E. H. Gombrich
The Romantic idea that art is the language of the emotions has a long and complex history reaching back to the belief in spells and incantations. Frequently attacked and questioned, particularly by the upholders of formalist aesthetics, it still maintains its hold; indeed, it may be more firmly entrenched today than in earlier periods. The purpose of this paper is to ask how a language of the emotions might be conceived to function and where the main misconceptions may lie that have laid this theory open to justified attack.
I believe that these misconceptions are conveniently exemplified in the following passage from a lecture by Roger Fry: 1
If we take an analogy from the wireless — the artist is the transmitter, the work of art the medium and the spectator the receiver . . . for the message to come through, the receiver must be more or less in tune with the transmitter ... herein lies the difficulty, for the message of a work of art is generally immensely complex, summarising as I believe a whole mass of experience hidden in the artist's subconsciousness. And this complexity renders it probable that each receiver only picks up a part of the total message ... many people possess only very imperfect receiving instruments, instruments that can only respond to extremely violent emissions of a crude and elementary kind.
It is never fair to take an analogy literally and there are passages in the same lecture which show that Roger Fry did not want quite to sustain this comparison. If anybody had a right, moreover, to think of his mind as of a sensitive instrument it was this great critic. But Fry's strength lay in the intensity and subtlety of his response rather than in the clarity of his analysis, and the champion of the idea of 'significant form' certainly held some theory of natural resonance. For this is what the analogy from wireless transmissions would seem to imply. It suggests that the artist broadcasts his message in the hope of reaching a mind that will vibrate in unison with his own, and that his medium (the work of art) is only the means to achieve this end. Any failure on our part to respond must ultimately be due to an incapacity for picking up the vibrations that reach us through the medium.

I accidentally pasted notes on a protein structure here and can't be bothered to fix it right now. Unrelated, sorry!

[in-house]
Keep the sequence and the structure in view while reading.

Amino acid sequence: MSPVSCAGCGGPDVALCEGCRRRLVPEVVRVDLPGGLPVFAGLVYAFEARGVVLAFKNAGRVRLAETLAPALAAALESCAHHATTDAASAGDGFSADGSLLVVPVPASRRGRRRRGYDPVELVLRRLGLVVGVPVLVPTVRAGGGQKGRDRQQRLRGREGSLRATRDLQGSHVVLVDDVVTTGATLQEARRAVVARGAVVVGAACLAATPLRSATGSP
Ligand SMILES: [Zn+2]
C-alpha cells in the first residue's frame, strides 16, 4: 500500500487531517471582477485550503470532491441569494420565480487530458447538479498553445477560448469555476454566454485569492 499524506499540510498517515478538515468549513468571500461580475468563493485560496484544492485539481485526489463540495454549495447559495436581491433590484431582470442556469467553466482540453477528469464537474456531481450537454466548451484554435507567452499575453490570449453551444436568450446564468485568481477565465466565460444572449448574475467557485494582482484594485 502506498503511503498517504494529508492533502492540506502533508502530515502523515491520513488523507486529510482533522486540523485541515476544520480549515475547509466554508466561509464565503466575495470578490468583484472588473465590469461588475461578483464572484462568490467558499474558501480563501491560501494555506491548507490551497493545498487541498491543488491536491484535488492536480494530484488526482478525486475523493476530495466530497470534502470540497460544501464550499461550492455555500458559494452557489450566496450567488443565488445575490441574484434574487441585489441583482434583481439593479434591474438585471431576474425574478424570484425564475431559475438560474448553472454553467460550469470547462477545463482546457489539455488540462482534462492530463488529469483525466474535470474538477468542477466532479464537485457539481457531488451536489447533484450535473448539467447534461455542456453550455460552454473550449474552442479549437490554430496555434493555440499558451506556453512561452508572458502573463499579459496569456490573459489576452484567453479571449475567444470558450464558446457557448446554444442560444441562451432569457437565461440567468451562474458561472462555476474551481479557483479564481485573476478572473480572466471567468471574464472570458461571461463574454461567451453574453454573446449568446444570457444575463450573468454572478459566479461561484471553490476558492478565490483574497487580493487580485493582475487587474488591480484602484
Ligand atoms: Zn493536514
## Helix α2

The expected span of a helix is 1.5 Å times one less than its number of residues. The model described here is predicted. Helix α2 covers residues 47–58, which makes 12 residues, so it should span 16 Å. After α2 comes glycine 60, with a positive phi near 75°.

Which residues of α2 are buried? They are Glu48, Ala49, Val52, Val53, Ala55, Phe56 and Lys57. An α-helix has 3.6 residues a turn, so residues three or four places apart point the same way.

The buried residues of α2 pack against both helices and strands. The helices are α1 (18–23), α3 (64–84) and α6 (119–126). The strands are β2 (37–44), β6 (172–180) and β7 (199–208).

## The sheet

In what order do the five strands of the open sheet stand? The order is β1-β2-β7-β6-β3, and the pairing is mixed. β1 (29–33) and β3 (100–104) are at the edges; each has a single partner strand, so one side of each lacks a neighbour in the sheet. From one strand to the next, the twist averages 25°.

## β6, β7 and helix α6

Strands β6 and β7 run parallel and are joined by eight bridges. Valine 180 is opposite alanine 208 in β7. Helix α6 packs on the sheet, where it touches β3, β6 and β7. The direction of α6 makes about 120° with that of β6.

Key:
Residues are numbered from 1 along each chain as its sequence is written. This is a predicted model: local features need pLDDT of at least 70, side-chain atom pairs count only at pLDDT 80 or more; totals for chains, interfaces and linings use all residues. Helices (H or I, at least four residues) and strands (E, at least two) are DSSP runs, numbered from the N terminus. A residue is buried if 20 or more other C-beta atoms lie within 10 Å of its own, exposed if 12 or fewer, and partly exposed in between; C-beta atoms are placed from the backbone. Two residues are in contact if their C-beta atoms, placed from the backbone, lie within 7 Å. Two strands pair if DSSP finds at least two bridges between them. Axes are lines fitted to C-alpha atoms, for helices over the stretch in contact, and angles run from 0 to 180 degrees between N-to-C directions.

The idea that art effects some kind of emotional contagion has been at the basis of all expressionist aesthetics ever since Horace wrote his famous line:
si vis me flere, dolendum est primum ipsi tibi (Ad Pisones, 103/4) [if you wish me to weep, you must first grieve yourself].
But whatever the value of such injunctions as a technical device for the poet, it is clear, as Susanne Langer has been at pains to point out, that no theory of art could be built on the assumption that, writing a symphony, a composer would have to wait for____________________